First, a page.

(This review is spoiler-free.)
There are a heck of a lot of words in Chuck Wendig’s Aftermath: Life Debt. On its own that’s not necessarily a good or bad thing. But, much like its predecessor, in this second book of Star Wars: The Aftermath Trilogy those words are often arranged in short sentences. Information tends to come in pieces that are then repeated. Sometimes with a little more tacked on. Sometimes bending back in on itself before eventually moving forward. And so there are large chunks of the story where the pacing stutters. It’s a style that can take a long time to get used to regardless of the use of present tense.
Life Debt picks up not too long after Aftermath. It’s generally a dark, complex time for the galaxy. Post-Endor the Empire is fragmented with various groups creating their own narrative and course of action with one group in particular coming to terms with their new normal and working to structure the future of the Empire. The New Republic doesn’t quite have it all together either. They still fight to liberate worlds from the Empire and convince free ones to join them. They have their own internal disagreements on the way things should be for the galaxy.
Wendig succeeds in making this quandary feel very real and thus, it’s kind of frustrating to read about. The book offers little warmth and humor to balance it. Or rather the humor that was there was hit or miss. Luckily Sinjir, the ex-Imperial loyalty officer, provided the most hits. In this round he and bounty hunter Jas, are the most well-developed of the rag-tag, I’m-not-sure-how-they’ve-managed-to-catch-any-Imperials crew assembled by the end of the first book. For the other members there is little growth to be had.
But Jas and Sinjir come to terms with an internal conflict that’s not too different from the major powers at play in the galaxy. Who am I now? Who do I want to be? What’s the right path for me? These are questions that are easy enough for most readers to identify with on some level as well. These similarities combined with the characters’ skills also helps create a believable bond between the two. And despite all that, Jas and Sinjir remain two very distinct characters who deal in their own ways.
Grand Admiral Rae Sloane is one of the better fleshed out characters as well. Her interaction with her very creepy, mysterious, yet somehow familiar advisor brings a new dimension to her tale as well as shines light on various perspectives for Imperials in this new time. In fact her experiences were part of what made the book’s interludes seem unnecessary. These interstitial chapters feel more closely tied to the narrative than the first book’s did, but the Grand Admiral’s and the two other main plot threads establish the environment of the galaxy enough on their own. I say this even though one of the interludes features one of my favorite movie characters from this new era of Star Wars. Even her bit didn’t give enough of a story or information that you couldn’t have guessed on your own.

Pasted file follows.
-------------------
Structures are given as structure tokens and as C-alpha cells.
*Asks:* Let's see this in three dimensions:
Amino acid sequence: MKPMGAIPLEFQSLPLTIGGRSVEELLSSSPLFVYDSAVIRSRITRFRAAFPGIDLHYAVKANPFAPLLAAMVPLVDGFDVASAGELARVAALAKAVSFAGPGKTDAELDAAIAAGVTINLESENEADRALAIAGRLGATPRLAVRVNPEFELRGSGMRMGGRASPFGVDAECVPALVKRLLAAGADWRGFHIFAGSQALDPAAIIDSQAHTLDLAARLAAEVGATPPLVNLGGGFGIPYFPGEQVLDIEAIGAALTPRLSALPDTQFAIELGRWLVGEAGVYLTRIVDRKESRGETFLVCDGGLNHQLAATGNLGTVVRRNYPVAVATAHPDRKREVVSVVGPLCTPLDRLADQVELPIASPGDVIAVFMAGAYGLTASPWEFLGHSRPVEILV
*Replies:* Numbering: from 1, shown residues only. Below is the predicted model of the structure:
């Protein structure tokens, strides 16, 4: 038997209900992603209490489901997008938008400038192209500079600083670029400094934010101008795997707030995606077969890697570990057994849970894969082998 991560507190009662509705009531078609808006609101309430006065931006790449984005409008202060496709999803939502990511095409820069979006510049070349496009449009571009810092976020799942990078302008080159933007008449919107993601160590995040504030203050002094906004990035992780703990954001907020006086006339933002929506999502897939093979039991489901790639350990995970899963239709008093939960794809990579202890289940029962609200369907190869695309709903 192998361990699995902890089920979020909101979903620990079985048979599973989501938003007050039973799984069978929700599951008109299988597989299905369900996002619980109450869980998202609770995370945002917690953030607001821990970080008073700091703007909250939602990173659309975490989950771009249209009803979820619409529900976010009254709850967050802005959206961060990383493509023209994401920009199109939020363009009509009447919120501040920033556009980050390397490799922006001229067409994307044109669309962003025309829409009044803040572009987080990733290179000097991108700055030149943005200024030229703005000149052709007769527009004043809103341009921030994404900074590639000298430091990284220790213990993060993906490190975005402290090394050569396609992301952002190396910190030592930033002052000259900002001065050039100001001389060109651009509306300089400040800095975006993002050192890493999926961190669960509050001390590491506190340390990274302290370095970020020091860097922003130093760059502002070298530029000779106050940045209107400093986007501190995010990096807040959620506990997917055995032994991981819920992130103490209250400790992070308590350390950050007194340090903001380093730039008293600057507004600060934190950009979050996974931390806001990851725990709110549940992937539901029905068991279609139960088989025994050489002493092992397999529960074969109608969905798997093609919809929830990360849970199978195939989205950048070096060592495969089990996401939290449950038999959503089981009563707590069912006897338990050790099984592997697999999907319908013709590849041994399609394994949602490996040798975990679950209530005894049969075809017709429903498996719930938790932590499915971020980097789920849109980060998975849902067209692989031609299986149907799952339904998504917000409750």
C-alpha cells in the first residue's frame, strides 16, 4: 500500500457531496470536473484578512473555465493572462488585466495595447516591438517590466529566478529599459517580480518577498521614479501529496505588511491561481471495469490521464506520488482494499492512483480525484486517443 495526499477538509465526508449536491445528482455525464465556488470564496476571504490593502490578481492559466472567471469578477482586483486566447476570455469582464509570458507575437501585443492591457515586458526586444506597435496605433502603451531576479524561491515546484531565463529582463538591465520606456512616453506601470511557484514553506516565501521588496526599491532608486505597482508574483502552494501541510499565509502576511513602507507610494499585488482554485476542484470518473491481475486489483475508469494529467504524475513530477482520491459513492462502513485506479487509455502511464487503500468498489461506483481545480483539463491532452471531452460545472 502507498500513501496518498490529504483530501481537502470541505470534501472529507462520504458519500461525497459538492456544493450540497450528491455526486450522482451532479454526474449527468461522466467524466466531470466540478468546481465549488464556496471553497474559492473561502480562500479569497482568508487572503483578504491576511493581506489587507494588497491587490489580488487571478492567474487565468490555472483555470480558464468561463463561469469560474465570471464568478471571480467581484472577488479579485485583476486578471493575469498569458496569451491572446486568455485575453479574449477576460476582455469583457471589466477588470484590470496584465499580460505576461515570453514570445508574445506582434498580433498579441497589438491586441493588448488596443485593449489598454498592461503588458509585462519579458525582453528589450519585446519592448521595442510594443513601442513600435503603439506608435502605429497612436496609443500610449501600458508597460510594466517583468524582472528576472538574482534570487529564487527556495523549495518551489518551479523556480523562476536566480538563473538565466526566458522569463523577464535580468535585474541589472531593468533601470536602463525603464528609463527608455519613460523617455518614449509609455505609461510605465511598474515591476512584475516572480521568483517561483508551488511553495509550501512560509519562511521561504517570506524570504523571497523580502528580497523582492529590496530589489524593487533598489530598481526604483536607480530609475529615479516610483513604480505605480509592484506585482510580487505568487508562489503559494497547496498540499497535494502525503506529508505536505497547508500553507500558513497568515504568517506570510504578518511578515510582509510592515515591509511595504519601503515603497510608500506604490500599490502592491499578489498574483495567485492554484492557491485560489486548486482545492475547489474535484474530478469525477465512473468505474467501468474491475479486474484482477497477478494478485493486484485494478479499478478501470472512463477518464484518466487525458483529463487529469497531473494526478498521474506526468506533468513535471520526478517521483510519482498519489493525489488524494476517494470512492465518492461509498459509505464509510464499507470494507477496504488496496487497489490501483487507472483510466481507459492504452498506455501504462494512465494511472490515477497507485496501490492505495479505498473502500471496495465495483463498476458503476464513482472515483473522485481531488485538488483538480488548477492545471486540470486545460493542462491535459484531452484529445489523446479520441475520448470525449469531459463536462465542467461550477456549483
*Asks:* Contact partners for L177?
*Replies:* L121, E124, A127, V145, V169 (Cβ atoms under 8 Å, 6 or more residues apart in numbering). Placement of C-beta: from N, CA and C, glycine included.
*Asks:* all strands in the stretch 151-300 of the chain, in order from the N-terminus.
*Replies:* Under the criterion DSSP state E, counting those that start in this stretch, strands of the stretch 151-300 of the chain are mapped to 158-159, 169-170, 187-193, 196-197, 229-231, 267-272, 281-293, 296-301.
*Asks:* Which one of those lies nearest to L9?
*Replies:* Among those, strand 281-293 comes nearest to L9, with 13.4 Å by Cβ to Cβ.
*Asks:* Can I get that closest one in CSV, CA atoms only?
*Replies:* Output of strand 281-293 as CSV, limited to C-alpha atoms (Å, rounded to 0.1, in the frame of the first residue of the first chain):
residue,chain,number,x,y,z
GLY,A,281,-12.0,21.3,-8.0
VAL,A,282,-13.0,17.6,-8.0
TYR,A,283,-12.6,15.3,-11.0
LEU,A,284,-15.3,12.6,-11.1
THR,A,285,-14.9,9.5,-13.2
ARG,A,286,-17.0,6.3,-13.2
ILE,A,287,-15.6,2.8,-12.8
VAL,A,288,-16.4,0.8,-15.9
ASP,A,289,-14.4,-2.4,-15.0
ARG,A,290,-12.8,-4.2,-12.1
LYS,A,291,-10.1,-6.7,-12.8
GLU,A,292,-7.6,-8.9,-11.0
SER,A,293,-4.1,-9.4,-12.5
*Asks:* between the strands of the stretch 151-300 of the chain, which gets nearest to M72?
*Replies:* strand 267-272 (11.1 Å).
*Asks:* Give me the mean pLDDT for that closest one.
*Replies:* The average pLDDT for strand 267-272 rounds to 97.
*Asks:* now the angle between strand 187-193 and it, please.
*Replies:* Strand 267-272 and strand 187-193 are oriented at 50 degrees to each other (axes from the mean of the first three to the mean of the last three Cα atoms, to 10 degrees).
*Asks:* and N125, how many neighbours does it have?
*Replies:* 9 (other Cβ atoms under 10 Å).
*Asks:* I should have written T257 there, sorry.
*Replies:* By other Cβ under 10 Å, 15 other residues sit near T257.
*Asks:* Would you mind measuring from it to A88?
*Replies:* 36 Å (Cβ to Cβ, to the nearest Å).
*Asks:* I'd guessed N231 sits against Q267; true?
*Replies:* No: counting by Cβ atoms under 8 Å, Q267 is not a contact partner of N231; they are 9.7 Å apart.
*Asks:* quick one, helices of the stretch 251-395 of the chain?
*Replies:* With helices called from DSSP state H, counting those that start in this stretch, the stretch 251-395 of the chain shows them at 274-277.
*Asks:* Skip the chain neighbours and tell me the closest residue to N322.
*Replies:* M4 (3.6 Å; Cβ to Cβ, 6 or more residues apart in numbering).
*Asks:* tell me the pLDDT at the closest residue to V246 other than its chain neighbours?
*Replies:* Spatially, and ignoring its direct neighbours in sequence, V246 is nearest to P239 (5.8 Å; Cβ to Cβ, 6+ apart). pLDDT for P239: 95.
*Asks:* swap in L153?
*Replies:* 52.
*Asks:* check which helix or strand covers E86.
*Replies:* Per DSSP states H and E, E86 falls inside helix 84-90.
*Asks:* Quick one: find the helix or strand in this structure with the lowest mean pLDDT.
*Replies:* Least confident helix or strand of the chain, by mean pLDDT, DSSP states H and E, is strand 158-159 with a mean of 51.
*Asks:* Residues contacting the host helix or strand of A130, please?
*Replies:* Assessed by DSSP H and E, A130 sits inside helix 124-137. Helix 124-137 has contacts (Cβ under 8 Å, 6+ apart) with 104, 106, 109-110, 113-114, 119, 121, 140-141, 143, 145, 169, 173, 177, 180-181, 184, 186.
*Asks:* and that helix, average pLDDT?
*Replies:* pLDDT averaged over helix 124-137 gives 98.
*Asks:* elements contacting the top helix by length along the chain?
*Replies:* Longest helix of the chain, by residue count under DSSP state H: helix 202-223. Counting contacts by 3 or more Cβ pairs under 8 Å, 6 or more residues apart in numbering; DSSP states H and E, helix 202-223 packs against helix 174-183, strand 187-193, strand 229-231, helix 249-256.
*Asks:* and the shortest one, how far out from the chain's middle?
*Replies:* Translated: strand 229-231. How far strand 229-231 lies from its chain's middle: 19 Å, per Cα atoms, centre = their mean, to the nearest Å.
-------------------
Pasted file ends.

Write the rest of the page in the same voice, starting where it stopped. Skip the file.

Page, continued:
Han Solo, Leia Organa, and Chewbacca add to the roster of movie characters in this book – and while they affect the action and we get an insight or two, it truly isn’t their story either. They are in it more than Wedge Antilles was in Aftermath though, which is an improvement when book blurbs up our expectations. Unfortunately Wendig’s Leia is a flat facsimile of the character we saw in Claudia Gray’s Bloodline. In Life Debt Leia is more a plot device than a person. It’s not a total loss though as Wendig’s Han is pretty good – illuminating his soft side as well as his impetuousness. And a character from a comic series makes a cross-over for a brief, if welcome cameo. There are a few unveilings of tidbits connected to other movie characters. They are minor in the grand scheme of things.
What I really found missing from Life Debt though was suspense. Additionally the hope I so very much associate with Star Wars was in short supply. The book closely follows a template established with Aftermath – from the overall structure of the story to sometimes even repeating events with the same characters in slightly different situations. Combine that with the book’s matter-of-fact voice, getting to see the thoughts of so many characters and frequent telegraphing of important knowledge and cameos, and I was left unsurprised by each reveal. It felt like nothing else could have happened than what did happen. The closest I came to surprise was one incident where I couldn’t remember if someone was sent to check in on a situation or if it was who I thought it was.
All in all, Aftermath: Life Debt is an okay book. It bides its time until the last third, when everything finally comes into play as a set-up for the trilogy’s end. It doesn’t feel as overwhelming as its predecessor but it does still make Star Wars appear more complicated for the reader than most Star Wars books these days do.
The publisher provided FANgirl with a copy of the book for review.
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